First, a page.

From 2010-2016, the U.S. Department of Housing and Urban Development (HUD) administered a $250 million grant program that funded multi-jurisdictional partnerships across the country to advance local
goals for sustainability, equity, and long-term resilience. This program, the Sustainable Communities Initiative (SCI), represented a significant shift in the federal approach to community and economic
development towards one that favored cross-sector collaboration, flexibility, and innovation.
SCI embodied a “place-based” approach: a model for improving the federal government’s coordination and responsiveness to community needs, targeting resources in specific locations to yield efficiencies of scale. A place-based program is driven by local leaders and guided by a comprehensive view of the interwoven dynamics that affect the quality of life, economic competitiveness, sustainability, and resilience of a place, whether it is one neighborhood or a multi-state region.
At the regional and local levels, SCI partners formed new alliances among public, private, philanthropic, and nonprofit sectors to both apply for, and implement, their HUD grants. The experience of SCI grantees and partners offers important lessons about the conditions and strategies most conducive to effective collaborations that unite skills and resources to solve complex problems and help communities thrive.
On the Pine Ridge Indian Reservation of the Oglala Sioux Tribe in Pine Ridge, South Dakota, a revitalizing partnership has formed thanks to an SCI grant, comprising the Thunder Valley Community Development Corporation, the Bush Foundation, and the Northwest Area Foundation.
The SCI experience on Pine Ridge Indian Reservation illustrates the power of building relationships with philanthropies as thought partners and co-owners of community development projects. The Thunder Valley Community Development Corporation received a Regional Planning Grant from HUD in 2010 that resulted in the Oyate Omniciye Oglala Lakota Plan, adopted into law as the official Regional Sustainable Development Plan of the Oglala Sioux Tribe.
Thanks to preexisting relationships as a grantee, the Thunder Valley Community Development Corporation counted on the Northwest Area Foundation (NWAF) and the Bush Foundation as core partners that could help them to bring their regional plan to life. Both philanthropies work with Native nations and rural communities in South Dakota, North Dakota, and Minnesota, and in the case of NWAF across the Northwest region of the country. The NWAF and the Bush Foundation grantmaking priorities affirm a commitment to Native nations. The Bush Foundation’s mission statement recognizes the sovereignty of the 23 tribes that share the same geographic area as their three-state grantmaking region, while NWAF is devoting 40% of new grant dollars to Native-led organizations working to advance economic, social, and cultural prosperity in their region.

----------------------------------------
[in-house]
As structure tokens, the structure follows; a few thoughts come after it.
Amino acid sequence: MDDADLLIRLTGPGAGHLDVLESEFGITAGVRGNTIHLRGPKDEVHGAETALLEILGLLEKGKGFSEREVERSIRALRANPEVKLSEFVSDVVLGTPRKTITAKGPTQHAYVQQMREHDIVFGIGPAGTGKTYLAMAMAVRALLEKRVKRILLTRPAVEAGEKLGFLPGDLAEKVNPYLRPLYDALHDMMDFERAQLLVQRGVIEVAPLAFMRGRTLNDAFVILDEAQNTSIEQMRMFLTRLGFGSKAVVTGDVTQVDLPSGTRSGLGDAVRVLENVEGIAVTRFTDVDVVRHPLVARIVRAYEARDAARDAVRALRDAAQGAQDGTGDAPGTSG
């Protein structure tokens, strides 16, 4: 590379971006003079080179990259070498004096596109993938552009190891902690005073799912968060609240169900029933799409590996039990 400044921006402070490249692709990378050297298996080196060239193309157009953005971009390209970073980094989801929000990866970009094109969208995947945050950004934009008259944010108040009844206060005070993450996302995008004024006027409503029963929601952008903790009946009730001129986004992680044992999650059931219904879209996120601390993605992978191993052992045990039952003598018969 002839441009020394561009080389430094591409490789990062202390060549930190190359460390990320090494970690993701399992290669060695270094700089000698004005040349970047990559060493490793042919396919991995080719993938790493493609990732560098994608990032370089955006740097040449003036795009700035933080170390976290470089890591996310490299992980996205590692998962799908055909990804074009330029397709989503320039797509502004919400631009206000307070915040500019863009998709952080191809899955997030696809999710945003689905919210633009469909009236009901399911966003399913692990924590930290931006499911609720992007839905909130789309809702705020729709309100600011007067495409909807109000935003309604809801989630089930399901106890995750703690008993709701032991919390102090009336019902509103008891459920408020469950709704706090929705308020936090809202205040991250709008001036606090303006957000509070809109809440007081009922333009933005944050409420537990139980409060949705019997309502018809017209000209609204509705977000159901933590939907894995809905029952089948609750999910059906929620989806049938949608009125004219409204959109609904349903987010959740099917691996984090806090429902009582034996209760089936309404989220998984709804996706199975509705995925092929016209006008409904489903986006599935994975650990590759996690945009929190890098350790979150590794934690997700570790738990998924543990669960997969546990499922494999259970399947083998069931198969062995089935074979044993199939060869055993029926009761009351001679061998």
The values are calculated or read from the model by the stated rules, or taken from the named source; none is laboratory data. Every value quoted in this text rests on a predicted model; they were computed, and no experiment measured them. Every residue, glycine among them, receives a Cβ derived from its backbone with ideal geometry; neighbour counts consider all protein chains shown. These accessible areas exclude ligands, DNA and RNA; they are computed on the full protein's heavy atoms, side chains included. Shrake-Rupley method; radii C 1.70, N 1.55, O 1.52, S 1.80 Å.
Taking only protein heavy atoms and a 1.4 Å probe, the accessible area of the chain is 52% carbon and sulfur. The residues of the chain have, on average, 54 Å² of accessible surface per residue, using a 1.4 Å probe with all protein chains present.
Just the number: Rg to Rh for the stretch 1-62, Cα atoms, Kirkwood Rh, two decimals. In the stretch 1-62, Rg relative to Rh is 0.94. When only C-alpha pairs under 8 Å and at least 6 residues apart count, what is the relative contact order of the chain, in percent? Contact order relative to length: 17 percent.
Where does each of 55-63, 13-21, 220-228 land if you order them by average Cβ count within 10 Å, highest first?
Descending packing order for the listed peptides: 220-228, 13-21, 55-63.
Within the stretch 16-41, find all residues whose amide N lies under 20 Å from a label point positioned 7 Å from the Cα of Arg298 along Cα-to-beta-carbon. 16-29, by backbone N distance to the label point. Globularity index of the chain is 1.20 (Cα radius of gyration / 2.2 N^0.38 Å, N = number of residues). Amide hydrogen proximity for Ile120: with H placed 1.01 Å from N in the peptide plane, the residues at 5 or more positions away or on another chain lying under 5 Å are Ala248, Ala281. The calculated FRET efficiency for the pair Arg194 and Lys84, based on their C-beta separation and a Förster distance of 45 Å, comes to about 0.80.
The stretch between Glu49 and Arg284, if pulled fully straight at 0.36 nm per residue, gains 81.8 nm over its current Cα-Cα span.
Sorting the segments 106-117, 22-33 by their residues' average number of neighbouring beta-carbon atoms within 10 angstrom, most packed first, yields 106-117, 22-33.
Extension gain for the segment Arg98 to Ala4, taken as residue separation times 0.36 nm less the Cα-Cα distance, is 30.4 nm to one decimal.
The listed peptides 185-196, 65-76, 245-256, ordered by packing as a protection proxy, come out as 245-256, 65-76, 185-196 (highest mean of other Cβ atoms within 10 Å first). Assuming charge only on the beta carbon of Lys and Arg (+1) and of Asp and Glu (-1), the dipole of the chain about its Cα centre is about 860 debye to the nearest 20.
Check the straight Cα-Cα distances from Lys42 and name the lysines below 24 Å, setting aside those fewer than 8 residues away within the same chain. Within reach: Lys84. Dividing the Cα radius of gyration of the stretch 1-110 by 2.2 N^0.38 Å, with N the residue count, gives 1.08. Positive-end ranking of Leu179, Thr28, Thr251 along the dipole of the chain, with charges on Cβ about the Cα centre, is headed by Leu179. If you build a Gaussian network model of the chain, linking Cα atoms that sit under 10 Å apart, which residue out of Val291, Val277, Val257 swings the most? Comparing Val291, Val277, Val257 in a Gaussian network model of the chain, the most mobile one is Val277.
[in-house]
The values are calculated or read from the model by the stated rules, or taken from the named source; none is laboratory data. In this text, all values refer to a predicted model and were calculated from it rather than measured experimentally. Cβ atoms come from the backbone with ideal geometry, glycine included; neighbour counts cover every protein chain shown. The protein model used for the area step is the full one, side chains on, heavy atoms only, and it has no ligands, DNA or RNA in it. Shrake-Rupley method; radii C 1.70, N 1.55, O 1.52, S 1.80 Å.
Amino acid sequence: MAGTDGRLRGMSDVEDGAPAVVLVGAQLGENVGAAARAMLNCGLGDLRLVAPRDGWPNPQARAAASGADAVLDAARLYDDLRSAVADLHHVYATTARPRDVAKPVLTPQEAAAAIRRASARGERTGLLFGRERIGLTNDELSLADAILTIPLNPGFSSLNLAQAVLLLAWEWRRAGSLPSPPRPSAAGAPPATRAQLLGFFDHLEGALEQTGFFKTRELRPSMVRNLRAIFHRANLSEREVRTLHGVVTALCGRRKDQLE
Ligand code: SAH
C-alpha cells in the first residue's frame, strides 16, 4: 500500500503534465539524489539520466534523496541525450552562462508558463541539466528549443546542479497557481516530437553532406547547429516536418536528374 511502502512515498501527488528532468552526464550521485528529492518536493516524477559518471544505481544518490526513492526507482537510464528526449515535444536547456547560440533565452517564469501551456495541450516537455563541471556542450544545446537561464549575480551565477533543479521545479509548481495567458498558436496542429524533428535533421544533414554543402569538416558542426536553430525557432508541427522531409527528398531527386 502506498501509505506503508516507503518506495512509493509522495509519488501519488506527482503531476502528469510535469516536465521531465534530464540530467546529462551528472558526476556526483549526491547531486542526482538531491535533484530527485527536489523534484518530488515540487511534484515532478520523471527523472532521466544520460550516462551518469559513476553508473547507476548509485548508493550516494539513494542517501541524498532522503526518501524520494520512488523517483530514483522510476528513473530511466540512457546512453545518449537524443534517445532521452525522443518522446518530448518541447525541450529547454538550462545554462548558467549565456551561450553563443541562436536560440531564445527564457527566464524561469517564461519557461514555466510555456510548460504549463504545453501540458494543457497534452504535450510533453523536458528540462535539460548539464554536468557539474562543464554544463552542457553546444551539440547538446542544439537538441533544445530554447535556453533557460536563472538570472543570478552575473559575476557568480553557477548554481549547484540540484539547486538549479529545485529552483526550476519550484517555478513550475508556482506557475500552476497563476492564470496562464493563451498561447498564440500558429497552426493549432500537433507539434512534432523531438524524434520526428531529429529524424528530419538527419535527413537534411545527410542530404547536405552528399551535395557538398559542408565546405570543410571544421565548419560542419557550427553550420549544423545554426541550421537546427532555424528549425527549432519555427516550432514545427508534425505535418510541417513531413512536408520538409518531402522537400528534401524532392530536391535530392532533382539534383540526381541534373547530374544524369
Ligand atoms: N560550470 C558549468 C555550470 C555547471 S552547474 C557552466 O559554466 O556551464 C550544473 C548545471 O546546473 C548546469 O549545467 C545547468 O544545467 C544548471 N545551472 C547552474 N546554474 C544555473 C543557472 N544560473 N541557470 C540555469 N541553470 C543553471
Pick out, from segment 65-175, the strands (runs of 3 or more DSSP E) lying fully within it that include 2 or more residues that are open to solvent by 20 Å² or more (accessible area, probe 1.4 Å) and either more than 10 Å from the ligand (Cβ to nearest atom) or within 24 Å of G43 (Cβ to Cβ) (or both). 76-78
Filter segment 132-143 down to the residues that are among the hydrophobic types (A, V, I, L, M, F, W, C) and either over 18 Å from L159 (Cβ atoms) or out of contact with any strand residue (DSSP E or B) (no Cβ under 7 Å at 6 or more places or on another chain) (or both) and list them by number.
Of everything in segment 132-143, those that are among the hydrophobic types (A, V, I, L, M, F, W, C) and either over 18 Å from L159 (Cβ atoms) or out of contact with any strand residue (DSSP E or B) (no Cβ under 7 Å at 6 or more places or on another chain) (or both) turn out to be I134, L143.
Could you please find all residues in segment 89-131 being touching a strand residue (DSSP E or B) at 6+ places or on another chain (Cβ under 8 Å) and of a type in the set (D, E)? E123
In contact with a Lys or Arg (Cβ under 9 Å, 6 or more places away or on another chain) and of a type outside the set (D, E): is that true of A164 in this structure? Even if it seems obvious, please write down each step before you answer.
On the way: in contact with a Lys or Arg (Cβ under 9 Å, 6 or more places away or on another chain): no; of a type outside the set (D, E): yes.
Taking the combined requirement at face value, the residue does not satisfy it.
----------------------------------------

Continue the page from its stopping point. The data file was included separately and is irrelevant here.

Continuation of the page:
The two foundations participated in a learning tour organized by the First Peoples Fund about Native American Community Development activities in Western South Dakota, including the Pine Ridge Reservation. Funder tours are a valuable way to provide a learning opportunity without the pressure or expectation of hard asks. Through these tours, philanthropies can connect to organizations doing important work and initiate or strengthen relationships.
When Thunder Valley applied for an SCI grant the two foundations provided a letter of support but no commitment of matching funds. The NWAF and the Bush Foundation became part of the brain trust, learning side-by-side with Thunder Valley about how to tackle the entrenched and intertwined challenges on Pine Ridge that afflict many other Native American communities. Following the planning process, the foundations provided grants to help Thunder Valley CDC move forward with the recommendations of the Oglala Lakota Plan.
The grants that the two philanthropies provided were seen by Thunder Valley as more than just financial support: they were a gesture that signified their commitment to the work, to the Oglala Lakota people, and to their continuing relationship. As institutions with experience working and grantmaking in the region, NWAF and the Bush Foundation were powerful advocates for the work on Pine Ridge. When a new philanthropy expressed interest in the region, Thunder Valley would refer them to NWAF or the Bush Foundation, or they would go directly to those foundations. Given the foundations’ expertise working in Native communities, it was valuable to have them vouch for and promote the work of Thunder Valley with their philanthropic peers.